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In the Star Trek franchise the Federation had several classes of vessels, i.e. Miranda-class science vessels, Constitution-class cruisers, Exeter-class starships, Galaxy-class starships, etc.

  • Were there consistent rules for the naming of Star Fleet vessels in a fashion similar to military navies of today?

  • Are there any canon examples, samples, or publications which support the tradition?

  • Were such traditions followed by other space-faring species of the Alpha quadrant?

  • Are you asking about ship names or ship class names? Both would make good questions, but asking about both at a time makes the question too broad IMO. – O. R. Mapper Feb 29 '16 at 19:01
  • I'm not sure "ship of the line" makes sense in space. Wouldn't it be a "ship of the plane"? – user14111 Mar 19 '18 at 5:04
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In the 70s, between TOS and the movies, the Star Fleet Technical Manual attempted to impose the notion of rational name assignments to Federation starships. Constitution Class ships were all named for famous Earth ships-of-the-line, for example; Dreadnoughts were all named for kinds of governments and agreements (Imperium, Federation, Concordat, Entente); etc.

Thing is, except for the Constitution Class itself, all the other ships types were invented whole-cloth by Franz Josef (although Roddenberry signed off on it at the time), and except for a brief background mention of the scout Columbia in TMP, they're never seen or heard from again, except that Reliant looks a little bit like Franz Josef's transport/tug design.

After that, the answer is pretty much, "no". Writers used whatever names seemed cool at the time. Sometimes they were in-jokes (Yamato is as much named for the anime space battleship as it is for the WWII battleship from which it's derived). Sometimes they were symbolic (Defiant NX-74205, which became a symbol for defiance of the Dominion). Other times, presumably, they just sounded good.

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    Also - until the Dominion war in later series of DS9 (thanks to CGI models), we only see about 6 classes of ship on screen (Constitution/Constitution II, Nebula, Excelsior, Ambassador, Galaxy, and Oberth). In real life, ship classes are much more numerous and examples within each classes are smaller - making it easier to theme names within a type – HorusKol Apr 2 '13 at 21:56
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    The WWII Yamato was not a battlecruiser, but a full battleship. – Oldcat Jan 29 '14 at 21:52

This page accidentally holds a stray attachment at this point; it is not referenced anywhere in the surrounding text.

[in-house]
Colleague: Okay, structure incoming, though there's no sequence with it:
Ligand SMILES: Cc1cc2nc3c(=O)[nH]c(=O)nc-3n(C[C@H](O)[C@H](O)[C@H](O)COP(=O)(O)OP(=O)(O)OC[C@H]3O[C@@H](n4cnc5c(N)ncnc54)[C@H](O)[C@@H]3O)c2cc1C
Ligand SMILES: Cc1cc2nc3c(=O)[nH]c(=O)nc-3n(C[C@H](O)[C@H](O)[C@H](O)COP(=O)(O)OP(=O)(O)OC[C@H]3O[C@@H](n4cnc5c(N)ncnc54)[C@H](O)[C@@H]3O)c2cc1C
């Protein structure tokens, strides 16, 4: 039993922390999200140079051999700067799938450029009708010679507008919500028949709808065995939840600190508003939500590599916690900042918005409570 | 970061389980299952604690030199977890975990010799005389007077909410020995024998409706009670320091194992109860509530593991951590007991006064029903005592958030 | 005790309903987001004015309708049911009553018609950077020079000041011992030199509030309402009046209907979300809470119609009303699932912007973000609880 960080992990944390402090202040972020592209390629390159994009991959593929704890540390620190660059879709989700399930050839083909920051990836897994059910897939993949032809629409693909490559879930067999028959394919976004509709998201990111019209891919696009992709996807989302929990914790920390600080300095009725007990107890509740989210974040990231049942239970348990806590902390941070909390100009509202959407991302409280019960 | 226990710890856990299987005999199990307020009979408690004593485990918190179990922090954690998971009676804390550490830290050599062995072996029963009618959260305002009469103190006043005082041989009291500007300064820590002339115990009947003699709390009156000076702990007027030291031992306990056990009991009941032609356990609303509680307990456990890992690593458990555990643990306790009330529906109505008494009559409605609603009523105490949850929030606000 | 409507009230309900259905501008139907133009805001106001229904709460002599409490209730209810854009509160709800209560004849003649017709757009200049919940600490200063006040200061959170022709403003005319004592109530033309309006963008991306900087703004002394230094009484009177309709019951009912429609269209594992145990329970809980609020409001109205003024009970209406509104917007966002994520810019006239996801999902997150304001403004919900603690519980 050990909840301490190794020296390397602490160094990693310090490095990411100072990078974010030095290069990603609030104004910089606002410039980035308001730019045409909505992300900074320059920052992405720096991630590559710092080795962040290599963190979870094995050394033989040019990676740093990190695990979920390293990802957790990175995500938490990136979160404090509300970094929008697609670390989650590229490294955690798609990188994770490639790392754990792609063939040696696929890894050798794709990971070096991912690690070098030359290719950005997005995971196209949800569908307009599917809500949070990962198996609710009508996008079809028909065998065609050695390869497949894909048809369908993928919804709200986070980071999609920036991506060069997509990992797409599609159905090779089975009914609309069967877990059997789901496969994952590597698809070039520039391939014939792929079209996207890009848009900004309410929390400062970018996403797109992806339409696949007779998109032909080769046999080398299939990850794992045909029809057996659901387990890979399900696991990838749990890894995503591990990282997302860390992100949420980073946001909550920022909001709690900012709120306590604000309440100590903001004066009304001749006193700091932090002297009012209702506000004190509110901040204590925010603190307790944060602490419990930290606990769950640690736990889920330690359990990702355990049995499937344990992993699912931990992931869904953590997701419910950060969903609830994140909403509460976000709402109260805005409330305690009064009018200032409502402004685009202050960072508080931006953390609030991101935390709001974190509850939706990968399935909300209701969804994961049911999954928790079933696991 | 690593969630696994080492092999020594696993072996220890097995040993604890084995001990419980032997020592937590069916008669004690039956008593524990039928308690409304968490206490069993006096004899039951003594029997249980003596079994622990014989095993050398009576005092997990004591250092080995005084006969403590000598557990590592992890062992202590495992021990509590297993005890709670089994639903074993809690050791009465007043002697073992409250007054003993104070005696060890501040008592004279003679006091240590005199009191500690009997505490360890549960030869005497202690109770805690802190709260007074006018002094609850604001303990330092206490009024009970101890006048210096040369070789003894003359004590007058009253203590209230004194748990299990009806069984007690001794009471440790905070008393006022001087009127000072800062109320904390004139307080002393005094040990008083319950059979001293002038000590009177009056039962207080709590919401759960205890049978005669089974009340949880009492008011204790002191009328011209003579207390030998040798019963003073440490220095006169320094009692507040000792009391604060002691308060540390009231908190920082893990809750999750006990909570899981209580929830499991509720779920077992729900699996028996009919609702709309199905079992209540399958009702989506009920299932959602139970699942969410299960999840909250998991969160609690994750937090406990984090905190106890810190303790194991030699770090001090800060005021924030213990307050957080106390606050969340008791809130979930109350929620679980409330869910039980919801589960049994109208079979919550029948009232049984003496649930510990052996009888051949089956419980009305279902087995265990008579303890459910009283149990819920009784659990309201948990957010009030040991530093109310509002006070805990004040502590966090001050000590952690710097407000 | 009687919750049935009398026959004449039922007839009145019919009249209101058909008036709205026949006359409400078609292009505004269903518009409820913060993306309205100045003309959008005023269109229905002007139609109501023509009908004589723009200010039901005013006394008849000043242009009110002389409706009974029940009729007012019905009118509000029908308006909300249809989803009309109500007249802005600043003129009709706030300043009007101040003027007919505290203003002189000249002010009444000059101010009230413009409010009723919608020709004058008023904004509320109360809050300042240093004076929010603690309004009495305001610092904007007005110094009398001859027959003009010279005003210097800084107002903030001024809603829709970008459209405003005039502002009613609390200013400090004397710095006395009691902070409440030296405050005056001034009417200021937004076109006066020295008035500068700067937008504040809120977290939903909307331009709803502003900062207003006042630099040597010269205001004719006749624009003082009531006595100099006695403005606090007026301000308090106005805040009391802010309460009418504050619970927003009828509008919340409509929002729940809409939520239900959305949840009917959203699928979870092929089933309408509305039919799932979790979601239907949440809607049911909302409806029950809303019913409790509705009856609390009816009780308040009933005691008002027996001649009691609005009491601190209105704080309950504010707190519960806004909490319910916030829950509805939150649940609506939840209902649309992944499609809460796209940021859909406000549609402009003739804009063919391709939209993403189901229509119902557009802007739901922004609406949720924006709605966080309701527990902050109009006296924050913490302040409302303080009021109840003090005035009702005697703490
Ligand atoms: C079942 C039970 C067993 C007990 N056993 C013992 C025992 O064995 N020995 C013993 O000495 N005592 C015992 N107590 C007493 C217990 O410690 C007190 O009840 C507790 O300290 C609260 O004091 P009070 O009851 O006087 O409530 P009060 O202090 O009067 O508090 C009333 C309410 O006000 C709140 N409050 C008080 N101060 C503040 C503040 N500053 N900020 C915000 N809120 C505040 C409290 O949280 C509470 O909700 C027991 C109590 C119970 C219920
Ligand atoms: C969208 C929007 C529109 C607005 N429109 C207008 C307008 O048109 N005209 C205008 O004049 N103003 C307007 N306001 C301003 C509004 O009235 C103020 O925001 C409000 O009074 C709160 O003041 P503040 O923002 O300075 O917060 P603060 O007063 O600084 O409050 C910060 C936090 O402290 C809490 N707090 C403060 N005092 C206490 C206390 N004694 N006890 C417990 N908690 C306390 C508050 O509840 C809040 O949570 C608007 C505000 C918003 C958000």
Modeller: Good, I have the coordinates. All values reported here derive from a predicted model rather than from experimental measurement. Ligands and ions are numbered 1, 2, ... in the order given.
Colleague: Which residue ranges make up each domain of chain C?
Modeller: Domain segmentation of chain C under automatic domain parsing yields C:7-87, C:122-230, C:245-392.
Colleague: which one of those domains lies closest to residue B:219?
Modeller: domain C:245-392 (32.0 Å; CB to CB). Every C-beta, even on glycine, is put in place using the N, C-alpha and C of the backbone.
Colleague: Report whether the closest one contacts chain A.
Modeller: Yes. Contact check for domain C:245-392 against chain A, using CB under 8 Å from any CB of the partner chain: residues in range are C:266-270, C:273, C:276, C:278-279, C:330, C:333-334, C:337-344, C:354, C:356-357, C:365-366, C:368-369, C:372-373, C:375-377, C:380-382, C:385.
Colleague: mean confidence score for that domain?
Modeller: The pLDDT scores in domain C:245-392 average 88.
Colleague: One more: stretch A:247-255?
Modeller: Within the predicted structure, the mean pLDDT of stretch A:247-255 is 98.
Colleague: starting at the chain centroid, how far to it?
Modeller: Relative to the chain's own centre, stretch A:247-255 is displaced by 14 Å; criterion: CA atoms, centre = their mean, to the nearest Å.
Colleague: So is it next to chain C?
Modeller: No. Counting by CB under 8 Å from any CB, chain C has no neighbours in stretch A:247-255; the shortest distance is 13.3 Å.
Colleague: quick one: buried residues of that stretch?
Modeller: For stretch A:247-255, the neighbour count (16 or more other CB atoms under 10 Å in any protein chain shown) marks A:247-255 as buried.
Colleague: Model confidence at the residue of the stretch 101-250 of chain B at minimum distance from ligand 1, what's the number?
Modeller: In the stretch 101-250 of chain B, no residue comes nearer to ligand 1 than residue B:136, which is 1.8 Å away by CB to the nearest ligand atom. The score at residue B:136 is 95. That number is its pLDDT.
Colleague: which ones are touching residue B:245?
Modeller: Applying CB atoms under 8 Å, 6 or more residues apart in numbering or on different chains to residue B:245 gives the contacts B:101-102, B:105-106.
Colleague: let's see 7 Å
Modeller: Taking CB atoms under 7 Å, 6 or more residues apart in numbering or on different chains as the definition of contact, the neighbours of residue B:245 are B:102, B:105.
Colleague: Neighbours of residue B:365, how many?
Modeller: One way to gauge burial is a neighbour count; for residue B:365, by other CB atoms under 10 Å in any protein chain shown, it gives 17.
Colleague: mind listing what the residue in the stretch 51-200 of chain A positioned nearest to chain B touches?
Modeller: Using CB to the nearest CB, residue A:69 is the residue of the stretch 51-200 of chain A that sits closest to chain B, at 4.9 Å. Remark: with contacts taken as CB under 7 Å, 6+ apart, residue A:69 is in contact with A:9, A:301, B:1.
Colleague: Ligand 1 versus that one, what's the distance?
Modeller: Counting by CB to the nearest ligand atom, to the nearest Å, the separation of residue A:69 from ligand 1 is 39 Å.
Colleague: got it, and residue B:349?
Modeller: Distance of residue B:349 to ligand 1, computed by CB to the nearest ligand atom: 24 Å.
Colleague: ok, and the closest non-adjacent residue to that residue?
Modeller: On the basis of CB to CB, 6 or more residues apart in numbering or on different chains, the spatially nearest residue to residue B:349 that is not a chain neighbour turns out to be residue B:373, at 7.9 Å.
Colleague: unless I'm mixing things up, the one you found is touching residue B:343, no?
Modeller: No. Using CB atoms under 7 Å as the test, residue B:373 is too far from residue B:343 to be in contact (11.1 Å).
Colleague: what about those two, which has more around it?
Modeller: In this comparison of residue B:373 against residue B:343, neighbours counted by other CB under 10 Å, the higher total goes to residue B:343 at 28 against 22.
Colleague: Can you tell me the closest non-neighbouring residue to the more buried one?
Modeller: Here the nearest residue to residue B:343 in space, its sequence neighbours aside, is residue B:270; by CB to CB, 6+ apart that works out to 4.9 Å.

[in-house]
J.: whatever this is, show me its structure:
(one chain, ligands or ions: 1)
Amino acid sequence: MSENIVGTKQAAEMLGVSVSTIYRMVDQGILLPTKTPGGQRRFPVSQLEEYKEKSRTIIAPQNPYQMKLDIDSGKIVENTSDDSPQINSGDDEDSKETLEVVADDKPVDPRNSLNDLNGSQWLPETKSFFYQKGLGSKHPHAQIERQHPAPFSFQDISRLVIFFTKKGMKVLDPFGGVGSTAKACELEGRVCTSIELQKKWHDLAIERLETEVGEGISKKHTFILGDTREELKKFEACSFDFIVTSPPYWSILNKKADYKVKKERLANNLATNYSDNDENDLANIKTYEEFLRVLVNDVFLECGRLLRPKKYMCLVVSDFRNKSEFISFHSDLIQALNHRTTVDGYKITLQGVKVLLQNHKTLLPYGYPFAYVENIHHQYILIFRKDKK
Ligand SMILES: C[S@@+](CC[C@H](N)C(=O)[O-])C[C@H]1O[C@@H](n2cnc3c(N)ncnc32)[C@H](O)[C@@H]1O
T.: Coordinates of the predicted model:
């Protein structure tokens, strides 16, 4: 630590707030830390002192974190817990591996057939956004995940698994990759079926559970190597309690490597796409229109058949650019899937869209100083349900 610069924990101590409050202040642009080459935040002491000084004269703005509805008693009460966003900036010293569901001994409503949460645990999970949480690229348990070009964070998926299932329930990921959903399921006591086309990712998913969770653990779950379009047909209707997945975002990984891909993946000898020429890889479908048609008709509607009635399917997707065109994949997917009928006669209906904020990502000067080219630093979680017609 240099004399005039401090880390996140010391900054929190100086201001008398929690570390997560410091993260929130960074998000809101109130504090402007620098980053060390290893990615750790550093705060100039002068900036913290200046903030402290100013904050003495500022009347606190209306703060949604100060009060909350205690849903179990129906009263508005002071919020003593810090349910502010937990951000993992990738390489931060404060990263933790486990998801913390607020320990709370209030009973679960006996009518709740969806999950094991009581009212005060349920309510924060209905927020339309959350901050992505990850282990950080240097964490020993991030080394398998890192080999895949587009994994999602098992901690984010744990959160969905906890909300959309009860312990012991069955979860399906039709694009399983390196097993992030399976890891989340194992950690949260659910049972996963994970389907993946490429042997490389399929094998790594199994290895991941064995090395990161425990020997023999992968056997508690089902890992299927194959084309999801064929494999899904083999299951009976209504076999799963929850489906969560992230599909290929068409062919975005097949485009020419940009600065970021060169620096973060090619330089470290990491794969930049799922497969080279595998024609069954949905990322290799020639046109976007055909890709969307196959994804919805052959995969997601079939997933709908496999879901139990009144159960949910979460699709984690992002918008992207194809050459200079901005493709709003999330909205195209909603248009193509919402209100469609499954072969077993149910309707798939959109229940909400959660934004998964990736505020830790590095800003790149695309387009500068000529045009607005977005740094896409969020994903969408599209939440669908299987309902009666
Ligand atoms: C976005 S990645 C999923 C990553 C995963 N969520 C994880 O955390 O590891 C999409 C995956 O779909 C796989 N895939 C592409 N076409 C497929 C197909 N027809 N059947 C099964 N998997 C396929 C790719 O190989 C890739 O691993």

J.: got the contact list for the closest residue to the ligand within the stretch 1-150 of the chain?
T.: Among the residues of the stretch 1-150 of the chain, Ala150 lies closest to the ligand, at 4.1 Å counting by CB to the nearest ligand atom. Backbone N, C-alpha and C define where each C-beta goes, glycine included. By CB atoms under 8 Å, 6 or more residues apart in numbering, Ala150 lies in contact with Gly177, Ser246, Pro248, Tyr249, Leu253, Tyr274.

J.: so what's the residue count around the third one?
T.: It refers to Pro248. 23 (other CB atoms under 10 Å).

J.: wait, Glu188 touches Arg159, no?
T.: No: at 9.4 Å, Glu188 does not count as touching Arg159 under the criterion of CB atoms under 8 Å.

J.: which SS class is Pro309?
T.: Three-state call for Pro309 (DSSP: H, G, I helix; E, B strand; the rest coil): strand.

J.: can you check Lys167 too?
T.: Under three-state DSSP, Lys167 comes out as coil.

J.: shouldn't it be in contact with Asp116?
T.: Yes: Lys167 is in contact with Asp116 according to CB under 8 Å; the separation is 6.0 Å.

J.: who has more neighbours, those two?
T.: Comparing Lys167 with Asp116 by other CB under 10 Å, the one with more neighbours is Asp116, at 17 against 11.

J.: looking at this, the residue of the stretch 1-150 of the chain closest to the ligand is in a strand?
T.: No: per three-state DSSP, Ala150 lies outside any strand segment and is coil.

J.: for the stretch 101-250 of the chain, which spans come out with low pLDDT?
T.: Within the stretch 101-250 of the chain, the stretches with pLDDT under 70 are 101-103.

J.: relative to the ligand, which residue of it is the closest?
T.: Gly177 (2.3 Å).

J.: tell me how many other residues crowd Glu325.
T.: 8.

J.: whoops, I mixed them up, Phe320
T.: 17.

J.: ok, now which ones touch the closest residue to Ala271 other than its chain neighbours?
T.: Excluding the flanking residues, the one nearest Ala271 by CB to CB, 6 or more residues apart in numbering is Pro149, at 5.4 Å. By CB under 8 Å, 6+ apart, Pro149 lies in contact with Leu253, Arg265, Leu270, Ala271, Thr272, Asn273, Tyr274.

• @Oldcat - You're correct on the technicality and I've edited the answer to reflect that. The Japanese title of the series is frequently mistranslated as "Space Battlecruiser..." (or else I simply mis-remembered), and that's what I was basing it upon. – Michael Scott Shappe Mar 18 '14 at 22:04
  • Note that during the 24th century, there was a slight trend of naming ship classes for spatial phenomena - think Galaxy, Nebula, Nova, ... – O. R. Mapper Feb 29 '16 at 19:04
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    @HorusKol: Don't forget the Miranda class mentioned in the question and the similar Soyuz class, as well as the Constellation class. Also, the Danube class runabouts formally count as a full-fledged starship class (rather than a shuttlecraft type), too. Other than that, the Battle of Wolf 359 and the Qualor II surplus depot both more or less show a few more Starfleet ship classes. – O. R. Mapper Feb 29 '16 at 19:08
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I remember a line from Deep Space 9, where Kira comments on such a great number of runabouts being destroyed throughout the series. It was something like "It's a good thing that Earth has so many rivers". This is referencing to the naming convention of runabouts being named after rivers. Shuttlecraft are also named after famous scientists. Those are the two conventions that I can think of off of the top of my head.

  • How do you know that line refers to naming conventions? – Bellatrix Mar 19 '18 at 4:46
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    @Bellatrix it's clear from context. They've got a new runabout to replace one that was destroyed, and they're discussing the new name (Rubicon). – hobbs Mar 19 '18 at 5:00

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